Posts Tagged ‘test data’


The anonymization is the process where all sensitive data is removed from the production data before it is used at testing. That is supposed to produce test data which is anonymous, and can be used without security and privacy risks. It has to be done really carefully, and the structure of production data must be understood very well before this can success. At this blog entry I show how difficult it actually is and how it can fail.

Software under testing is Twitter-like website. There is possibility to send public and private messages between users. Our simplified forum includes following three database tables:

User profile – it has numerical identifier for user (UID), username, password hash and e-mail address
Message – it has ID for message, UID of submitter, content as text, timestamp
Private message – ID for private message, UID of submitter, UID of receiver, content, timestamp

The site is already in production and open, so anyone can go to check what others has written in the public messages. Also the profiles are public. The UID is used to identify them.

Let’s start to anonymize this data. If we start from the username and message contents, are those really enough to make data anonymous? Definitely not If the original forum is public, anyone can still check private information like who has messaged and to who. Numerical UID is still the same, so we have change that also. If we want to keep statistics correct, we can’t just assign random number to messages and user profiles. E.g. if account “Teme” had UID 1, then to maintain proper statistics we have to convert all UID 1 to e.g 234.

It is still very easy to find that UID 1 is changed to 234. The features which reveal the information are timestamps and amount of messages. So we have to change also all timestamps. The new timestamps must change the order of message to keep things anonymous. We have change the number of messages of each profile also.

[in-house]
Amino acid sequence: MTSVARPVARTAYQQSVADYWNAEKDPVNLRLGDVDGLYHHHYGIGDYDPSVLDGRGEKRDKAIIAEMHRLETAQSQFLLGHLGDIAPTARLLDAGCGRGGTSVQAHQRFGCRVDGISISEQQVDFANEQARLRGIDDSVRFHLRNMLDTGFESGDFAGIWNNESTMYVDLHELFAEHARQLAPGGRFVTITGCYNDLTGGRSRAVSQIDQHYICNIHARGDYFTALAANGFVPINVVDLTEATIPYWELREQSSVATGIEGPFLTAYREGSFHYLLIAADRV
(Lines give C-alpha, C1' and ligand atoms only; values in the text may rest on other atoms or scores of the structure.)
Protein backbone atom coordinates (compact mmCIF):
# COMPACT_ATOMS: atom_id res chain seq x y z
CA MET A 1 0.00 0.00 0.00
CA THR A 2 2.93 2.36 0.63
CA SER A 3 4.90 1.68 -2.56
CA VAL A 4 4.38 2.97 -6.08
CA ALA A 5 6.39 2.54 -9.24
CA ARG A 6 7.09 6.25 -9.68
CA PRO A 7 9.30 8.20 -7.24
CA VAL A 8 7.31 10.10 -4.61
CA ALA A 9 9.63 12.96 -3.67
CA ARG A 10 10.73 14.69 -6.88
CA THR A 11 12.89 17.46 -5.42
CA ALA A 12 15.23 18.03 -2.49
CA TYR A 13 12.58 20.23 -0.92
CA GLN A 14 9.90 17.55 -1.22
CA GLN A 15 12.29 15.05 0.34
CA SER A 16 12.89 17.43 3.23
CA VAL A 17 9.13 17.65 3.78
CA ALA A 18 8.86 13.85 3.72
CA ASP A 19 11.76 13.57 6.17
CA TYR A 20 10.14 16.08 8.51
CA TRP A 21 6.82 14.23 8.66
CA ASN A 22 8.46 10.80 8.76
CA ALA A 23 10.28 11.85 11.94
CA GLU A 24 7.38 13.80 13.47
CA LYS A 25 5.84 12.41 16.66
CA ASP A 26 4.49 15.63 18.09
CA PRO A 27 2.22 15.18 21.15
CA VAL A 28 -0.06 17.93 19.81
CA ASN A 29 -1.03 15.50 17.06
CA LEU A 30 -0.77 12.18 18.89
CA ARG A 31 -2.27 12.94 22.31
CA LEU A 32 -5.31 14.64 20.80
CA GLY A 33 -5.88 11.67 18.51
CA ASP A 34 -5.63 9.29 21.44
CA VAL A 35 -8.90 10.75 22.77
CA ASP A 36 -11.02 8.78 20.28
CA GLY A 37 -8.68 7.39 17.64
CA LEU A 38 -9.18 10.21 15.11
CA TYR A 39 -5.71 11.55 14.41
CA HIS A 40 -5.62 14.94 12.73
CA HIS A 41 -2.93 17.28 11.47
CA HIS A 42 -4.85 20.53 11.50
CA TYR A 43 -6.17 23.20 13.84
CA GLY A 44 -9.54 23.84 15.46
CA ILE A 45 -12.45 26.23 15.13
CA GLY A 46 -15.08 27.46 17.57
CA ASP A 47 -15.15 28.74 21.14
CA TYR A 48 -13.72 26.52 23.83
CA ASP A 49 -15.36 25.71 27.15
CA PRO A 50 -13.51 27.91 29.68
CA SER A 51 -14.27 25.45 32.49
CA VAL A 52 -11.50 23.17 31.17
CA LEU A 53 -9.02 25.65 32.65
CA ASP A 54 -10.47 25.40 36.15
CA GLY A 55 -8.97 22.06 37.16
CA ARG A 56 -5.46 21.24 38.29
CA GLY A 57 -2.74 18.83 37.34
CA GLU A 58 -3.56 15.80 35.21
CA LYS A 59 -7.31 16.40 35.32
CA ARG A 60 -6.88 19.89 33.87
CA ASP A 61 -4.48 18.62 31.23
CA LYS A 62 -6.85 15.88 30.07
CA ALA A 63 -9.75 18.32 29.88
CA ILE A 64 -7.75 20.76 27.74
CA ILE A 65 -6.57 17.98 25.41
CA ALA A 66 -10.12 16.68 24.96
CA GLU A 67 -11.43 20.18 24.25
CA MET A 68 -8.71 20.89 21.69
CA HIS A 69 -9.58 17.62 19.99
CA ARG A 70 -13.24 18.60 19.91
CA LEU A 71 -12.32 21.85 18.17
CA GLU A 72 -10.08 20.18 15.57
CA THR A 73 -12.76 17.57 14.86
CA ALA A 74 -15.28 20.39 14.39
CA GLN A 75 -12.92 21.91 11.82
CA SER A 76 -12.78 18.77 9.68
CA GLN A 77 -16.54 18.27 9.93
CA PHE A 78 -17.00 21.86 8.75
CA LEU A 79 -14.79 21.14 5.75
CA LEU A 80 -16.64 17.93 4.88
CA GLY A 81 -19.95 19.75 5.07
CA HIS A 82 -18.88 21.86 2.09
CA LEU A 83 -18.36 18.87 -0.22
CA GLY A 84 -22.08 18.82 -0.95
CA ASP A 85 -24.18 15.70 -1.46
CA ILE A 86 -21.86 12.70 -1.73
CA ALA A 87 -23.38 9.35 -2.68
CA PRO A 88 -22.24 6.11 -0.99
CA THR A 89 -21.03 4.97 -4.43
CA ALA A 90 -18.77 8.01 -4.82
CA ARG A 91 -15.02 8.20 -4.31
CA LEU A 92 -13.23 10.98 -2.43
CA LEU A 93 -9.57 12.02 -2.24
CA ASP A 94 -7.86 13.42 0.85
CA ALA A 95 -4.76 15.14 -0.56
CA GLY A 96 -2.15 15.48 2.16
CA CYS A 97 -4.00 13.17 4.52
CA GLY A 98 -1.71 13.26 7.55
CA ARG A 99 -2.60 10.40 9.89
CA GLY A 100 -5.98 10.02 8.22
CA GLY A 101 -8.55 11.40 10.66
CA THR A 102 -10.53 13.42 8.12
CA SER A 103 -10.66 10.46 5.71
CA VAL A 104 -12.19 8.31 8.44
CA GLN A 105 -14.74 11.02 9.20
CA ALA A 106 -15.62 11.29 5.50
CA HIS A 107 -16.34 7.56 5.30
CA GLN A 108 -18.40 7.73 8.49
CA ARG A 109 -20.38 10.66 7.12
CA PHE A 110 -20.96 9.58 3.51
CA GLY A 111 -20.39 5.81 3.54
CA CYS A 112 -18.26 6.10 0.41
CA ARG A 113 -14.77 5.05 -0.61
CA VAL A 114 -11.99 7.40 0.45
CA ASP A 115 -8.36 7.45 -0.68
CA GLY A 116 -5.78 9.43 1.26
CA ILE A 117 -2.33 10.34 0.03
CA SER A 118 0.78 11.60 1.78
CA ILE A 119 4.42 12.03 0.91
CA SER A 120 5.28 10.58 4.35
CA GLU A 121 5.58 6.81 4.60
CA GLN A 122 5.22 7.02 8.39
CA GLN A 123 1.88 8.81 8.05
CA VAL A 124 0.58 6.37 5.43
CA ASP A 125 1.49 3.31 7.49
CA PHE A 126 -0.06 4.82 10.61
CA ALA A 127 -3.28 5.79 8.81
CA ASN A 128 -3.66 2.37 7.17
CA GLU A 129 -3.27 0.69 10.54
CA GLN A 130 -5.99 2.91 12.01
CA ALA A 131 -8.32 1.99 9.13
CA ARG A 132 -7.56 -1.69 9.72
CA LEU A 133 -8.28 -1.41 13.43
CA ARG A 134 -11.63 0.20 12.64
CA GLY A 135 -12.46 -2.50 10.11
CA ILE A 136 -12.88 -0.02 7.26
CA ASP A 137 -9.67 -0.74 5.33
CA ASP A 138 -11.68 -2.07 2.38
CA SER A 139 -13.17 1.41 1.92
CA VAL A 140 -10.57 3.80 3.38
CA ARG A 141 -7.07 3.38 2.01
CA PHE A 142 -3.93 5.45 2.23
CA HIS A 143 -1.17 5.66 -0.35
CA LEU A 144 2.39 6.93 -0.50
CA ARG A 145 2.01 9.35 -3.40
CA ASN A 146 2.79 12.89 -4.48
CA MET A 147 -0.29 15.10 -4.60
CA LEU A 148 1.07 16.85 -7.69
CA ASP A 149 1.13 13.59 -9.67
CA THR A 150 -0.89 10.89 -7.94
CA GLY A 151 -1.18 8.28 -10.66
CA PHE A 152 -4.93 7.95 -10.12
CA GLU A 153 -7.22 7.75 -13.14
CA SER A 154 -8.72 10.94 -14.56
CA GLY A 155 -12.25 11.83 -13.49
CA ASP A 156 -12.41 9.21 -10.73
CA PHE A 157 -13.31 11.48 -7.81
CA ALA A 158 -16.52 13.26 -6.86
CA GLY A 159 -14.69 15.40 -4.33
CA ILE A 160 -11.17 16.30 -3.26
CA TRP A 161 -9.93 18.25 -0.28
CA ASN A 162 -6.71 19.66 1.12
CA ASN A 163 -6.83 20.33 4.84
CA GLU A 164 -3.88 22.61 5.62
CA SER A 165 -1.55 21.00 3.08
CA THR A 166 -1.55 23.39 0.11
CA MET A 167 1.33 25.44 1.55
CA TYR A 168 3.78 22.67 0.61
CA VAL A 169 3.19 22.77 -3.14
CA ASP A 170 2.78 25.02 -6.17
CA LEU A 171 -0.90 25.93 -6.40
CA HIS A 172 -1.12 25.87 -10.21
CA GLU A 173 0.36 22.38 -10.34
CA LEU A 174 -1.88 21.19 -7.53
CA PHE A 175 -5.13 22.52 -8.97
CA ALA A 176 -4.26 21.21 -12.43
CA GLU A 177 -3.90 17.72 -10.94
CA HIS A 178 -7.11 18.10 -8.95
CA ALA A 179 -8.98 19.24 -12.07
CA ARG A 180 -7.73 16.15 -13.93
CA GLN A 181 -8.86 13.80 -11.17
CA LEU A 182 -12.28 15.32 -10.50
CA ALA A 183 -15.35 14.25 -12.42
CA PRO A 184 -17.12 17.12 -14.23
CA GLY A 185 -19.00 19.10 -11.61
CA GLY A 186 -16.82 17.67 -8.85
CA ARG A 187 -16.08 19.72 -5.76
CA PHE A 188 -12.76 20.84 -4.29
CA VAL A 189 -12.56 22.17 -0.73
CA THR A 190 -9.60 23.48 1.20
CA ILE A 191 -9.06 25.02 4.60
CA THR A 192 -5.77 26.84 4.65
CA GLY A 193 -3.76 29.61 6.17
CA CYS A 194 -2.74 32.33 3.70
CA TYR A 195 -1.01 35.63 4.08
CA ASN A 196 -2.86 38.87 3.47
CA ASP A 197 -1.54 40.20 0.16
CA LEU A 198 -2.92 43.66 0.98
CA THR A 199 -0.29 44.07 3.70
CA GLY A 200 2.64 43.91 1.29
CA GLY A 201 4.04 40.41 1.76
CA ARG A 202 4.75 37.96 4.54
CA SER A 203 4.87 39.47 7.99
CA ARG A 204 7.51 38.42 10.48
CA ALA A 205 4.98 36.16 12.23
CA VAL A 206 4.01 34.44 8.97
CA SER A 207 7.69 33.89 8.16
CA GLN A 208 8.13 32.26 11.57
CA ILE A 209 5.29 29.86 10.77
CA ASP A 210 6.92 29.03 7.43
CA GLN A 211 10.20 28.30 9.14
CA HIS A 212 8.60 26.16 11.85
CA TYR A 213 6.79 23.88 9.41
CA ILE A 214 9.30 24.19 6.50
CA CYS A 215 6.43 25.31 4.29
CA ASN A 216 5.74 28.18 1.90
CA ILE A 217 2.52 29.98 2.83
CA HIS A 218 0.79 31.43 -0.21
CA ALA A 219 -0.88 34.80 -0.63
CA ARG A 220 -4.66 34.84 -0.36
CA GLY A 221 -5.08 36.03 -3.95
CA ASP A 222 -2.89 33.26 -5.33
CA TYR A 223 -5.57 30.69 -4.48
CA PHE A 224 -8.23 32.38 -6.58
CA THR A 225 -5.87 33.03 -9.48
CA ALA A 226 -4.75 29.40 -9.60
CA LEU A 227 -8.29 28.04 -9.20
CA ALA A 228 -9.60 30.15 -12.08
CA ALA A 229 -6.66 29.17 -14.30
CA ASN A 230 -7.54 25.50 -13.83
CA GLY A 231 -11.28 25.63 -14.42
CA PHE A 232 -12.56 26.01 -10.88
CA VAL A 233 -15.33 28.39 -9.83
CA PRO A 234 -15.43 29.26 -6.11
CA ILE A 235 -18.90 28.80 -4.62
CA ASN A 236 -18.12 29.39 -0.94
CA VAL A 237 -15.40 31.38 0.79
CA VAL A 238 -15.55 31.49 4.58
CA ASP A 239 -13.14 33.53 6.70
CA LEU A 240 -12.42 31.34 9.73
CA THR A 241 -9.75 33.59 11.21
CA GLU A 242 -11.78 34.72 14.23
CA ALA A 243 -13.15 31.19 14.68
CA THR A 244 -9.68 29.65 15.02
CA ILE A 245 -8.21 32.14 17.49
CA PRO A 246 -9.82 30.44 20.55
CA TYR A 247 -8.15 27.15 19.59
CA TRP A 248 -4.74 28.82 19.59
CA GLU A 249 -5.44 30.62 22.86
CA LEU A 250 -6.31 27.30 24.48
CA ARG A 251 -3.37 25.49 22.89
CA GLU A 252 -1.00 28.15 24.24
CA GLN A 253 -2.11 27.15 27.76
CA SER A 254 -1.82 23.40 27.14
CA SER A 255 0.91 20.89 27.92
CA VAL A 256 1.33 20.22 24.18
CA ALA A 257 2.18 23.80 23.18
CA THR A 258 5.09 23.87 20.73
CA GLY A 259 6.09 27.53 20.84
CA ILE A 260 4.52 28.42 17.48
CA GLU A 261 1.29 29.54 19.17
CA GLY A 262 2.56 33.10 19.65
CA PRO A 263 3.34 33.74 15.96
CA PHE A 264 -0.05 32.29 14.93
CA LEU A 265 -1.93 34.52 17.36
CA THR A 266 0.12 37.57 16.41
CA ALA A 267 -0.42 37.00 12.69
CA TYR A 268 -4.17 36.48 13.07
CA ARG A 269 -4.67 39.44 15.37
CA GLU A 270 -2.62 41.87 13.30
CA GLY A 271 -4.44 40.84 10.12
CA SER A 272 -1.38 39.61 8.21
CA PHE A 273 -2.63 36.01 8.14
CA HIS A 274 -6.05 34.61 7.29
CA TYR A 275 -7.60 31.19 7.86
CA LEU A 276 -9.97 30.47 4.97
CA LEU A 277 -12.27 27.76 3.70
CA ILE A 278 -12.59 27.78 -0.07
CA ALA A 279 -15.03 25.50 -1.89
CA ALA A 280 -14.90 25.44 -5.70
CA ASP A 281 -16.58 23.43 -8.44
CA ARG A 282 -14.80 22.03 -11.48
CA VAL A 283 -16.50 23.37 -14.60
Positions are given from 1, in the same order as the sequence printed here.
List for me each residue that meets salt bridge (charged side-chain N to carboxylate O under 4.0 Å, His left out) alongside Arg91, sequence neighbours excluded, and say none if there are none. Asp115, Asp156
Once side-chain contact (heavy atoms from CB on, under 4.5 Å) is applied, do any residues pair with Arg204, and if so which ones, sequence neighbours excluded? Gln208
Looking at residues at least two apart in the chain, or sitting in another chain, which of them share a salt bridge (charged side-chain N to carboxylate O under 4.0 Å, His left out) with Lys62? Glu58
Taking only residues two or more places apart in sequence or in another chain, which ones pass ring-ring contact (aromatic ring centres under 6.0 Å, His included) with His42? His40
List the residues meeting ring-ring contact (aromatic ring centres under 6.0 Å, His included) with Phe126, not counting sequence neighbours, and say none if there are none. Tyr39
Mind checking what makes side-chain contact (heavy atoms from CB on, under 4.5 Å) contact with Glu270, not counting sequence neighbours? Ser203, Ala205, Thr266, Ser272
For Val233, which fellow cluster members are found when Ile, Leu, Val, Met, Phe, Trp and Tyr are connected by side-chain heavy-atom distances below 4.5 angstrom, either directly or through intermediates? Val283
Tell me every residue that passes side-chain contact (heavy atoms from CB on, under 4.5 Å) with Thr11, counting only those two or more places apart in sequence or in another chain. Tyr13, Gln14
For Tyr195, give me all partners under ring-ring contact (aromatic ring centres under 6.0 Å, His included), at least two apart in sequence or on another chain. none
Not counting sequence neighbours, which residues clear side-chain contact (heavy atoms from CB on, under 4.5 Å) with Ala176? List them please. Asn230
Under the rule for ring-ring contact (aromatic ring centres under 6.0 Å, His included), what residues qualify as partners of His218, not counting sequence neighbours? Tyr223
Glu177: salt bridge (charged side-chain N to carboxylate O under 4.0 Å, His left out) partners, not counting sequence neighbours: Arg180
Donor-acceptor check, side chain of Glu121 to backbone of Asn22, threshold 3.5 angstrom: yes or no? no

Even after this change we can still in some cases find the real profile from test data. Small external information like “I know that this person has messaged to that person” can help the evil person to find the real profile.

Instead of anonymizing the production data the test data should be based to model of production data. For example at production data we should have same amount of users and messages as the production data. But then on the other hand it usually doesn’t matter if the users have proper distribution of messages.

Instead of using production data like that, generate your own data and inspect, what kind of properties are the most important for your testing. Good test data increases the test coverage and possibility to find the bugs.

See also Broken Promises of Privacy: Responding to the Surprising Failure of Anonymization by Paul Ohm

Production data at testing

Posted: 30.7.2014 in Testing
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Several times I’ve seen the organization where the test data is taken from the production. I have to say that in that case the normal cases are covered quite well, but I hate that kind of approach. Why?

There are couple different risks. First and probably the biggest one is the security and privacy risk. Production data usually have some security or privacy sensitive data. That can be e.g. e-mail addresses, usernames, password hashes, birthdays and so on. Usually the test environment is not as well secured as the production environment. E.g. for debugging reasons testers and developers can access to the database, the testing can be outsourced to somewhere outside the organization. During testing we can accidentally or for the purpose see sensitive data which we definitely not see.